‘More dessert? Seconds?’ Bruce's mother was asking.

‘No, thank you,’ Sara replied, with a hint of protest in her voice.

‘You've done us proud, mother,’ Bruce said and his tone was light and mocking. ‘We didn't expect as much. Not quite the fatted calf but very creditable.’

‘You always know what to expect,’ his mother replied, lifting the silver coffee pot and holding it poised over a fine bone china cup.

The dinner party at which Sara and Bruce had met—Sara paired with a bachelor who turned out to be confirmed, Bruce tacked on at the last minute as a visiting cousin—was romantic in the extreme. All the lighting was provided by candles, to cover, as the hostess put it, stains and pulled threads on the carpet, her next renovating project. There were candles on windowsills and on an old dark dresser where plates ghostlily gleamed, silver candlesticks, candles in huge pottery candleholders of gothic proportions. Sara was grateful, after a few sentences convinced her the bachelor was uninterested; perhaps, like her, he had just fancied an evening out. The dinner itself was as mysterious as a medieval feast: here and there something in a casserole glowed, a golden carrot, an aubergine.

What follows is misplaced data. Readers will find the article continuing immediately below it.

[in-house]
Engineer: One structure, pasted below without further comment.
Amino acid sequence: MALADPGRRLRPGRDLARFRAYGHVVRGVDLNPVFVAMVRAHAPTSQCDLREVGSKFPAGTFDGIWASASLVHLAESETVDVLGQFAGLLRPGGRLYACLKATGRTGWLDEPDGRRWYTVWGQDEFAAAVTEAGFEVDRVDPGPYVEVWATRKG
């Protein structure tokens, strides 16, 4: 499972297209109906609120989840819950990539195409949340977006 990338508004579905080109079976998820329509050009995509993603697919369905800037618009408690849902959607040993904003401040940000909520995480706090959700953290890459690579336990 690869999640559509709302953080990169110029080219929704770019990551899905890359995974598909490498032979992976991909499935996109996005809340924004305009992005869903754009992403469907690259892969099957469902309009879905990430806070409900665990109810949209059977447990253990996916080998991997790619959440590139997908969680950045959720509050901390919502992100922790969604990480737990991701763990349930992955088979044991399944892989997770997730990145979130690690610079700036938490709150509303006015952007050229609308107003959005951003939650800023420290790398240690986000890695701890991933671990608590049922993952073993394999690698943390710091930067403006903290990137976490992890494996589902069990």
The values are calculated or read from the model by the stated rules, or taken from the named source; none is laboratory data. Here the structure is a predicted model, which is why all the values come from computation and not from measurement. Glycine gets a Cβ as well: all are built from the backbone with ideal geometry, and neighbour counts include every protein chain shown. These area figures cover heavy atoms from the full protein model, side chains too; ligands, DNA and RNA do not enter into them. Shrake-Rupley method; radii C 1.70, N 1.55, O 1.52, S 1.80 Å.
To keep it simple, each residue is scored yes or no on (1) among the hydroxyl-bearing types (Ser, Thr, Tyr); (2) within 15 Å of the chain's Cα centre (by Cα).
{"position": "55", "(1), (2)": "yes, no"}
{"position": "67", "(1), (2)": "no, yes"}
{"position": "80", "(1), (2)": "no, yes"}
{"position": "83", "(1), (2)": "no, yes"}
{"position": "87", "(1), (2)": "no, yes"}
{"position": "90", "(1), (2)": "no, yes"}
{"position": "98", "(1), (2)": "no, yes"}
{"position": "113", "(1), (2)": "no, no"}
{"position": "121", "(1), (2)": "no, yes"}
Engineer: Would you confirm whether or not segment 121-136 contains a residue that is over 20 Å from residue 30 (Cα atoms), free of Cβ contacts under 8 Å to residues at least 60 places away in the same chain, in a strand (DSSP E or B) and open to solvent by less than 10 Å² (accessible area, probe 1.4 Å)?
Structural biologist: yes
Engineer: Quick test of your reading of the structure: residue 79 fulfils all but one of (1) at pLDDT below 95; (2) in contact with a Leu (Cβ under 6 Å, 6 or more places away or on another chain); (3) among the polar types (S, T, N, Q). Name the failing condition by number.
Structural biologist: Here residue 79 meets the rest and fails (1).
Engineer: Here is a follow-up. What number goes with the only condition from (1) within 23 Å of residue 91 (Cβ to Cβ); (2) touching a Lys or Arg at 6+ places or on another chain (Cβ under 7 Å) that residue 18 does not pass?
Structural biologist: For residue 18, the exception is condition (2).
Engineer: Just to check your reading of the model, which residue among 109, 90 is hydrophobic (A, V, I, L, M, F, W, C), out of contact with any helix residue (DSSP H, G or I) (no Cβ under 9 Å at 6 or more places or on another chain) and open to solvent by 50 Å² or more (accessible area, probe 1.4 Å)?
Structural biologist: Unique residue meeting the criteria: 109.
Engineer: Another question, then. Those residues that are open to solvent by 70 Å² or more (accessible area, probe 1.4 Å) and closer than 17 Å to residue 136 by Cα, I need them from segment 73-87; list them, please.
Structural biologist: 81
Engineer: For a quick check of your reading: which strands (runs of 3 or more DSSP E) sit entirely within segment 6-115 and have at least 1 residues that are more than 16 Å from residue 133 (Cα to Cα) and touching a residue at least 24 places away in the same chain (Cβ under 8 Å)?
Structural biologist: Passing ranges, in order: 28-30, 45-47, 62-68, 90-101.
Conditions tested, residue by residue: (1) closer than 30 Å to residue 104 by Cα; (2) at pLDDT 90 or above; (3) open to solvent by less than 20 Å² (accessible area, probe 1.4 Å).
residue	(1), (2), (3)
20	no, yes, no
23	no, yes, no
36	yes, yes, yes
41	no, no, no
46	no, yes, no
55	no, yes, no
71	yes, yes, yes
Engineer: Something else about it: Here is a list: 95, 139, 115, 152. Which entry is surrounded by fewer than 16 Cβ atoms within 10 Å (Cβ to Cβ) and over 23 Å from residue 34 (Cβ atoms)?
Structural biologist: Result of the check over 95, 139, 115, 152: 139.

‘It gave me time to observe you,’ Bruce would say later. The candlelight allowed a liberty that was almost medical. Besides, Sara had shown no reciprocal interest and that, to Bruce, sorely in need of a challenge, was part of it.